He was in his 30s and had long hair. I had hoped he was a hippy; I'd never met one before. I'd heard on the news that some of them came up here to dodge the draft. I had hoped to hear that he'd panhandled in Haight-Ashbury and dropped acid and been in a cult and participated in love-ins. But he was just a long-haired guy whose accent let me know he was born here.
At first all I got out of him was that he lived with his wife about ten kilometers down Route 450. When I offered to pump, he declined. His loose shirt was sleeveless. I stared at his sun-browned arm as he fed the nozzle to the tank. A bead of sweat rolled down his back arm muscle, which I'd learned in P.E. was a tricep.
I licked my sugar-sticky lips and leaned forward over the warm hood of his car. I was trying to look like a seductive girl in a movie. He didn't tell me not to. I looked right at him. I knew, from bored days spent in front of the mirror, that when I leaned forward like this, there was an umbra of cool, moist shadow in the hollow between my breasts, inside my T-shirt. He could see this if he looked up. Dizzy dragonflies skated and hummed in the parched grass across the road.
I made sure my parents were inside the shop when I said, "In some parts of Africa, men have more than one wife." It was a crazy thing to say, but he seemed like a guy I could mess with and get away with it. I was at an age when I thought I was a smartass, liked to be provocative, thought I knew everything.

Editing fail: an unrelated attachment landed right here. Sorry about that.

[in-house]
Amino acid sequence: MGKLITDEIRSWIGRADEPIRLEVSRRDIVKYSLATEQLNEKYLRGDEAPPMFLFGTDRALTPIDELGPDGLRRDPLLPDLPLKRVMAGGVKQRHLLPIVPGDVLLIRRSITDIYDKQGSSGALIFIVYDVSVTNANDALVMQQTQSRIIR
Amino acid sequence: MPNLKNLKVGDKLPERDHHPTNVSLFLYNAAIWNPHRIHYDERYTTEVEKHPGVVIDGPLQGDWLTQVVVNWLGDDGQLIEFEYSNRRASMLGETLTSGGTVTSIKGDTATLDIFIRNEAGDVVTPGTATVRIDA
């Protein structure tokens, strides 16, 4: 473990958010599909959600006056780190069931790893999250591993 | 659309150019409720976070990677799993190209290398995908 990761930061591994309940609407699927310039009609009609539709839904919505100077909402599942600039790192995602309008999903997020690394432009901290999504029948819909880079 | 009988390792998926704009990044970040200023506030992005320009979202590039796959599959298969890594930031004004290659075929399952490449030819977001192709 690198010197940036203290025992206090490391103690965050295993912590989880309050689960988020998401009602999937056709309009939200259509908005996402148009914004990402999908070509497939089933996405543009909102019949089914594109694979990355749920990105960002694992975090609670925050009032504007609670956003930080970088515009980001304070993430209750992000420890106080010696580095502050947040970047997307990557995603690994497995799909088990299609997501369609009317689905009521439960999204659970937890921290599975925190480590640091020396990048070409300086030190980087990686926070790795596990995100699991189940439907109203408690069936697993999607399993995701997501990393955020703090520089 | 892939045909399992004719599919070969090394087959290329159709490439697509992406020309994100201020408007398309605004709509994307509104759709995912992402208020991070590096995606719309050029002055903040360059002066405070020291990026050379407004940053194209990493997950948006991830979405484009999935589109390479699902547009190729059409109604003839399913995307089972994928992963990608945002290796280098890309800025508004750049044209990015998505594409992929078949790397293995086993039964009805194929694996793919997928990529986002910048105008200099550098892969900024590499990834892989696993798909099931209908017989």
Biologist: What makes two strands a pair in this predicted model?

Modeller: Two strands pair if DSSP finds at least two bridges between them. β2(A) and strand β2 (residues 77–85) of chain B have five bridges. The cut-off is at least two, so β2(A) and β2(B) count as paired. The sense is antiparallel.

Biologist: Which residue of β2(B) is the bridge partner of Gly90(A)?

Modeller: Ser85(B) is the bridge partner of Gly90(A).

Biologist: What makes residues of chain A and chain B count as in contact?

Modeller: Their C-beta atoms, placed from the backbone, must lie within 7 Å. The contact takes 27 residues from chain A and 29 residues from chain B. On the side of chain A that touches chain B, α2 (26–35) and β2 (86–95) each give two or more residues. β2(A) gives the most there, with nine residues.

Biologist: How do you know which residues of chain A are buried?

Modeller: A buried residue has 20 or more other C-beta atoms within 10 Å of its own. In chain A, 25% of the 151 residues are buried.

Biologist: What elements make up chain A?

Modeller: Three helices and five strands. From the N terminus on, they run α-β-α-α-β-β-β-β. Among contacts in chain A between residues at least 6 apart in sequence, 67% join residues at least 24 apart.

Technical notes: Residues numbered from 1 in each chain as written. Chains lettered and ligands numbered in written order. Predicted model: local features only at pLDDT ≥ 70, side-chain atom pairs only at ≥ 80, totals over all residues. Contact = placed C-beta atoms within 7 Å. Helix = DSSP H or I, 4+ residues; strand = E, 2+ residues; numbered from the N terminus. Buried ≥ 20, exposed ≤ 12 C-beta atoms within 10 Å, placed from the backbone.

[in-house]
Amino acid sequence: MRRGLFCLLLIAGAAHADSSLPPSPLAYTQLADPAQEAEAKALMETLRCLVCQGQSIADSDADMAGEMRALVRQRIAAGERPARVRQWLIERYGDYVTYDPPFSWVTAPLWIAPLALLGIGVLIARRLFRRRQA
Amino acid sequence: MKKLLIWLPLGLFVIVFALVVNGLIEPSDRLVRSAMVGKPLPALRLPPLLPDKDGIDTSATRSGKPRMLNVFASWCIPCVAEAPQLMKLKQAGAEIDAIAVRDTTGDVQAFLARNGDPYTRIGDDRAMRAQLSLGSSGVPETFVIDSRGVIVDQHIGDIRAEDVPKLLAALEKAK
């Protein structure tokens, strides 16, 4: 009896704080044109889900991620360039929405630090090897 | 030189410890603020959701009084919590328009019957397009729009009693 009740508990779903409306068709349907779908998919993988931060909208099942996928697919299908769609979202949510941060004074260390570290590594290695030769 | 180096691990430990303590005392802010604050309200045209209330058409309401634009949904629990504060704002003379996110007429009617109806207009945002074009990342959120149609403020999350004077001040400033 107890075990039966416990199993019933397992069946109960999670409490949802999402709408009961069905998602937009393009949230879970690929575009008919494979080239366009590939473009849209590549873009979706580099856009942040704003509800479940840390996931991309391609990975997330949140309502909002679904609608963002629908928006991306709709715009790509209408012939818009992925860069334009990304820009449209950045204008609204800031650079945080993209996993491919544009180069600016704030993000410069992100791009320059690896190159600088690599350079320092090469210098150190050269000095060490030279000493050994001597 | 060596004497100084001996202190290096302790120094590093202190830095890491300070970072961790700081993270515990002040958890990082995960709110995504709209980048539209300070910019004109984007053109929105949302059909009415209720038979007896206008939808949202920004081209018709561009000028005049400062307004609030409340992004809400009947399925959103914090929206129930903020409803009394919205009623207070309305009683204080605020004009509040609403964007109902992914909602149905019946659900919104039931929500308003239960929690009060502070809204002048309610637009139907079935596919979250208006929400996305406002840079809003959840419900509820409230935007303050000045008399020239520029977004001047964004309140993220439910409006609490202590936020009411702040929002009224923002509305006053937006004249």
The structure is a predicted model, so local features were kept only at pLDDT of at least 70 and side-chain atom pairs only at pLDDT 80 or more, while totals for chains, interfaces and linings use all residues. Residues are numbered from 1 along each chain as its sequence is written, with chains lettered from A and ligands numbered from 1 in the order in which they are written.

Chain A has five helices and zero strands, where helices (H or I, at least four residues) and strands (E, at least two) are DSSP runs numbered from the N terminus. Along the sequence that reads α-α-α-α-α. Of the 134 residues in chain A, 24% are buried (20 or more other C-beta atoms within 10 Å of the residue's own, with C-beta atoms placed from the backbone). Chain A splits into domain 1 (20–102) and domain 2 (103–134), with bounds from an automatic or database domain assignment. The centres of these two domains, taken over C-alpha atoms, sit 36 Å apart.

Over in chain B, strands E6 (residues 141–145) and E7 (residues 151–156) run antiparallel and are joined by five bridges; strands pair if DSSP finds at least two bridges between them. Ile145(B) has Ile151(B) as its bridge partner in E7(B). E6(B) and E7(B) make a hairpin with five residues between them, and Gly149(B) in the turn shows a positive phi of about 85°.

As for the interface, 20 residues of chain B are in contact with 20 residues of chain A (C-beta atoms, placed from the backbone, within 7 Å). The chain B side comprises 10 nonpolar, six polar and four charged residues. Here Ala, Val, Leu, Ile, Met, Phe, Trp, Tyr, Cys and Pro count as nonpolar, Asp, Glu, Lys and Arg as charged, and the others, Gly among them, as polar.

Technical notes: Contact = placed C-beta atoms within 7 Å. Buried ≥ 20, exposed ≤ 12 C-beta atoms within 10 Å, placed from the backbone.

Also, my parents had a subscription to National Geographic, and they kept the back issues lying around in the lobby of the filling-station garage. 
"Hmm." He made this non-committal sound. 
"There's no rule that says we can't do that, too."
"There's the Bible."
"People had multiple wives in the Bible!"
"A man will leave his father and mother and be united to his wife, and the two will become one flesh. Matthew 19."
"You can't become one flesh with more than one person?"
Half of his full, soft mouth smirked when I asked this. I think that if he hadn't sort of smiled, I would have just figured he was some religious nut and ended it there.
Instead I said, "They don't follow the Bible in Africa. They don't follow the Bible in China. Who says we have to follow it here?"
"Hmm." This time it sounded as if he were thinking it over. 
He kept his gaze on the nozzle. The tank was filling up. In a minute he would pay and leave.
I tucked the front hem of my T-shirt into the neckline and pulled it through, creating an instant "cropped top," something my friends and I had done in summer since elementary school. I walked to his side of the hood and leaned backwards onto it. The heat from the engine at my back was searing, but I liked it. It felt sort of like I was daring myself. 
He squinted in the sun. His gaze moved from the nozzle to the shadowed interior of the car, to my flat, tanned stomach, exposed to him between the tucked-up hem of my T-shirt and the waistband of my hip-hugger cut-offs. To my innie navel, to the hint of hipbone, to where my abdomen was concave just above my pelvis. His gaze stayed there, even after the click that told him his tank was now full. My heart beat so rapidly that I thought I might pass out.